This post could also be called: Super Bowl by the Numbers. Throughout this post you get interesting statistics and this continues in this post’s comments

Just about a week ago we discussed how well WEF Davos manages do engage and dialogue with its audience on social media, such as its blog (WEF Davos 2016: Talk is cheap). Incidentally, we have had a bunch of posts about WEF Davos that you should check out.

Super Bowl 50 is just around the corner. Kick off is at 15:25 PST on February 7, 2016 in the Santa Clara, California. So it’s time to do an encore of our Best Football blogs.

1. Super Bowl: Show me the numbers

Social media is increasingly important for the NFL and the Super Bowl in particular.

For instance, Facebook launched Sports Stadium, an ad-free hub that pulls together scores, game information and posts from teams and publishers. With 1.59 billion users, Facebook will certainly soon introduce advertising to rake in the revenues via its new hub.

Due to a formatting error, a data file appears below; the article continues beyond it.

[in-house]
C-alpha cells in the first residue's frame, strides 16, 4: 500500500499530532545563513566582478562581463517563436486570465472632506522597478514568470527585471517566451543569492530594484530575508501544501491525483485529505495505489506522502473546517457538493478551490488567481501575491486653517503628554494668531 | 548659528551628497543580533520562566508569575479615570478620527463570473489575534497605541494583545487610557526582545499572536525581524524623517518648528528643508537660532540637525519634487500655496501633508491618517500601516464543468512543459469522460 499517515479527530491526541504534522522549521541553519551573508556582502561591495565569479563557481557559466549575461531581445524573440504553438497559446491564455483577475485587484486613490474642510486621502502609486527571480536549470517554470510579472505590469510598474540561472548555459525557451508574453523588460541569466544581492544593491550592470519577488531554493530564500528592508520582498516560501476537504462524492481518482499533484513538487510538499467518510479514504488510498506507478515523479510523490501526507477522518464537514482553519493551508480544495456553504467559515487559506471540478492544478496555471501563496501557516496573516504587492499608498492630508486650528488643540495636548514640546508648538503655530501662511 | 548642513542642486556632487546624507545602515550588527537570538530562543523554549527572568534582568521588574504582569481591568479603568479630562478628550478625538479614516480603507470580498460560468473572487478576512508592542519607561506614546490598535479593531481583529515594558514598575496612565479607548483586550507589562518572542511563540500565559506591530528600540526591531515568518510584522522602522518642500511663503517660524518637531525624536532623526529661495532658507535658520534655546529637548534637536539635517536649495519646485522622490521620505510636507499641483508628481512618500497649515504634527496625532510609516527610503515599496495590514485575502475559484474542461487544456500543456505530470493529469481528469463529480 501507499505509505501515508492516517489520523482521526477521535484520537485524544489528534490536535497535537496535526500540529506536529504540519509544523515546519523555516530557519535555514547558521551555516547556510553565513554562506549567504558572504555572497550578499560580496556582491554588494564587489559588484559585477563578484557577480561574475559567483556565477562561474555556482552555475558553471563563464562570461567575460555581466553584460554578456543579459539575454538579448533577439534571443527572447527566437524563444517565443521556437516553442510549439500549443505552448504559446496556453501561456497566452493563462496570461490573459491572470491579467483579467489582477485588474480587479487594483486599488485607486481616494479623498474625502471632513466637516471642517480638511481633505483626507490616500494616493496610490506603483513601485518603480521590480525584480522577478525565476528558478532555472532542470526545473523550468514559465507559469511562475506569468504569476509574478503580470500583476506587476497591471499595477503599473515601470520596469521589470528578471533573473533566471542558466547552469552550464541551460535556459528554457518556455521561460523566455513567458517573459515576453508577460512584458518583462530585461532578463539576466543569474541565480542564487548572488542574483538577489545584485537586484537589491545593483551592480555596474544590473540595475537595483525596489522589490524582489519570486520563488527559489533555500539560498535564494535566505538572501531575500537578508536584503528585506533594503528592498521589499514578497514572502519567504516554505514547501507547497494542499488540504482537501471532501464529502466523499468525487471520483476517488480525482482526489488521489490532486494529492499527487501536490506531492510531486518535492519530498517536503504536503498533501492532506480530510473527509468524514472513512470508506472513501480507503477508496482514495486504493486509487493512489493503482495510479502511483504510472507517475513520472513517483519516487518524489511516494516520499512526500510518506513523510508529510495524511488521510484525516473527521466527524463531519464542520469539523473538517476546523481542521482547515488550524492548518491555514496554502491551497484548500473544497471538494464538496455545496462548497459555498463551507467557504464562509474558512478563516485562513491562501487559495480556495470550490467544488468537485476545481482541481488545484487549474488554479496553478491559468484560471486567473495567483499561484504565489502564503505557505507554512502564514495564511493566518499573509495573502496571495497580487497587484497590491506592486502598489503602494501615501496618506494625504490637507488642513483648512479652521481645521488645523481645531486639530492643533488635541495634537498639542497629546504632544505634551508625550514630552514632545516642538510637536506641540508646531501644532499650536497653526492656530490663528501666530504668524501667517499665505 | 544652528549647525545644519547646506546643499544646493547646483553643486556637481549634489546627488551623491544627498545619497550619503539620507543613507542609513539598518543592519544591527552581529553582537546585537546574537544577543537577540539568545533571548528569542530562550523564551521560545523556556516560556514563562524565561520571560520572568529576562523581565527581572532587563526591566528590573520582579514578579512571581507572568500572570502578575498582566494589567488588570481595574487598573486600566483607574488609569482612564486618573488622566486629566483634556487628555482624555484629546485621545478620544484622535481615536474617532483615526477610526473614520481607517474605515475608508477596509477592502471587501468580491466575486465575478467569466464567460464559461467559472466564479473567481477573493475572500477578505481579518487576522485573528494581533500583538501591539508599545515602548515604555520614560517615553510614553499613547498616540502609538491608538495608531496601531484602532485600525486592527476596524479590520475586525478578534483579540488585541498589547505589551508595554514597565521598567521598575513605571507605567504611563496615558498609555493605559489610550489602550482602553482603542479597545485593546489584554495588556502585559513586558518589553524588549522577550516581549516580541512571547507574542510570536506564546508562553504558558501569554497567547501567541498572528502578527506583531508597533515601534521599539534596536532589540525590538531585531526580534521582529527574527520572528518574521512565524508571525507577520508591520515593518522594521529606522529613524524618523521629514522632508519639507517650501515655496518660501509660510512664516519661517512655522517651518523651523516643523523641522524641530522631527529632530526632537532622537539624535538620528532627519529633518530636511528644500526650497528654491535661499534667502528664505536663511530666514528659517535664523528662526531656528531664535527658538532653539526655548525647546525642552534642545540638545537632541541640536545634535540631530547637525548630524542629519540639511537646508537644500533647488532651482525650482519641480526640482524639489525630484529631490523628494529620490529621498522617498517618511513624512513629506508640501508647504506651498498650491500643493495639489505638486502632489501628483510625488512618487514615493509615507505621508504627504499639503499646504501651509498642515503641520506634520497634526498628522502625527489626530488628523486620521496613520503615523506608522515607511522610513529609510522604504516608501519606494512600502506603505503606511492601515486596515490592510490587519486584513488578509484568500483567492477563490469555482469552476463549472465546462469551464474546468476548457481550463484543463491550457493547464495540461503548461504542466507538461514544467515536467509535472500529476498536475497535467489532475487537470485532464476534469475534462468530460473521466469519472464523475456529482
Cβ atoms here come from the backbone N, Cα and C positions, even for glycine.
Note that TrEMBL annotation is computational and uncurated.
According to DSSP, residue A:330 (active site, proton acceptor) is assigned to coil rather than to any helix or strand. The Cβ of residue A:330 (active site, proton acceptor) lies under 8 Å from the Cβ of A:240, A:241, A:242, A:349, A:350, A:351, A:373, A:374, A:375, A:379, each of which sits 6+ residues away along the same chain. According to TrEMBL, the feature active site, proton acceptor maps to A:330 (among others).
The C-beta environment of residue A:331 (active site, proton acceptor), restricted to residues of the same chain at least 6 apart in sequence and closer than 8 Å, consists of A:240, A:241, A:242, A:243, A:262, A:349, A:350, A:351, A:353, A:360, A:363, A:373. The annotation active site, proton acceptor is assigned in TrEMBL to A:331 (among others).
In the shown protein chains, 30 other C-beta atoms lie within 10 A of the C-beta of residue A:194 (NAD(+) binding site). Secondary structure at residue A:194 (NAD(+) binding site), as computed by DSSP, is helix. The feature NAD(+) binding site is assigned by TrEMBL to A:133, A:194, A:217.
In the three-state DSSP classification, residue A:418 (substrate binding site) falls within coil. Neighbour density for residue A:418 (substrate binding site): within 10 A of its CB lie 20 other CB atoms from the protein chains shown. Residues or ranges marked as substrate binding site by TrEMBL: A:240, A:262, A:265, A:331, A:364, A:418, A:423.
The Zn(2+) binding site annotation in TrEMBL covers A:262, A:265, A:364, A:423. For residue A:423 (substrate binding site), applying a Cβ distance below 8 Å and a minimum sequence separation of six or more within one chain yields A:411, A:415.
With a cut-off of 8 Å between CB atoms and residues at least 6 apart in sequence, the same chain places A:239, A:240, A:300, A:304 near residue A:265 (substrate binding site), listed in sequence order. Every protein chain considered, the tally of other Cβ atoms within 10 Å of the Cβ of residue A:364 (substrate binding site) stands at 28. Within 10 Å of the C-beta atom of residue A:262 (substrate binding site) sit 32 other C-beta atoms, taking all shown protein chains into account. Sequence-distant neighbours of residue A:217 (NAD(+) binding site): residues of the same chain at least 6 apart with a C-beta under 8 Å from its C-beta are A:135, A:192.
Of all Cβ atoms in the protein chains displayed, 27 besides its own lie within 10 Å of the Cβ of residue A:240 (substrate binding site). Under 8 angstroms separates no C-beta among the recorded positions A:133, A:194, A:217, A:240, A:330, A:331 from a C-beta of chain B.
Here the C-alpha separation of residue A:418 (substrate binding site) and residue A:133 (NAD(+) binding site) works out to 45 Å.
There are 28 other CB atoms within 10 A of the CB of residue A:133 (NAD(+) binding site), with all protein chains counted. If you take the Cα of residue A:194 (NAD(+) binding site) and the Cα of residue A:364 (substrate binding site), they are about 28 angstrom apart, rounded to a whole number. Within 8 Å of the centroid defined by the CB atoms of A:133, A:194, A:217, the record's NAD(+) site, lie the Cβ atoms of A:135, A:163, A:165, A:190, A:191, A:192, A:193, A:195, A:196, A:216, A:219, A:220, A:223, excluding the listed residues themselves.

Tidbit 1: This year, Pepsi is the title sponsor of the halftime show. Doritos will run its tenth and final “Crash the Super Bowl” contest.

Tidbit 2: The halftime show – each year a big event – will feature British rock band Coldplay and singer Beyonce Knowles (see AP).


NFL and Blogging

NFL and Blogging

2. Top 100 football bloggers of 2014

We did a ranking back in 2014 and the winners were:

1. The Buffalo Bills, who already did very well in our 2013 rankings.
3. Richard Eisen, an American television journalist who works for the NFL Network.
4. Arizona Cardinals
5. Houston Texans
7. Green Bay Packers

None of the teams playing in Super Bowl 48 appeared in the top 10.

Top football blogs for 2014: DrKPI Benchmarks the NFL

Tidbit 3: Some estimate that 46 percent of people who watch the Super Bowl are female. And women also do most of the tweeting about the ads (Nielsen – Superbowl Halftime show and music consumption).

3. The 100 most interesting football blogs of 2015

Most importantly, the Buffallo Bills dropped precipitously from number 1 in 2014 to 13 for 2015. Plus, the Green Bay Packers moved up from seventh place in 2014 to third in 2015.

2015’s winners were:

1. The Bengals, who already did very well in the 2013 rankings.
2. Colts
3. Packers
4. Redskins
6. Arizona Cardinals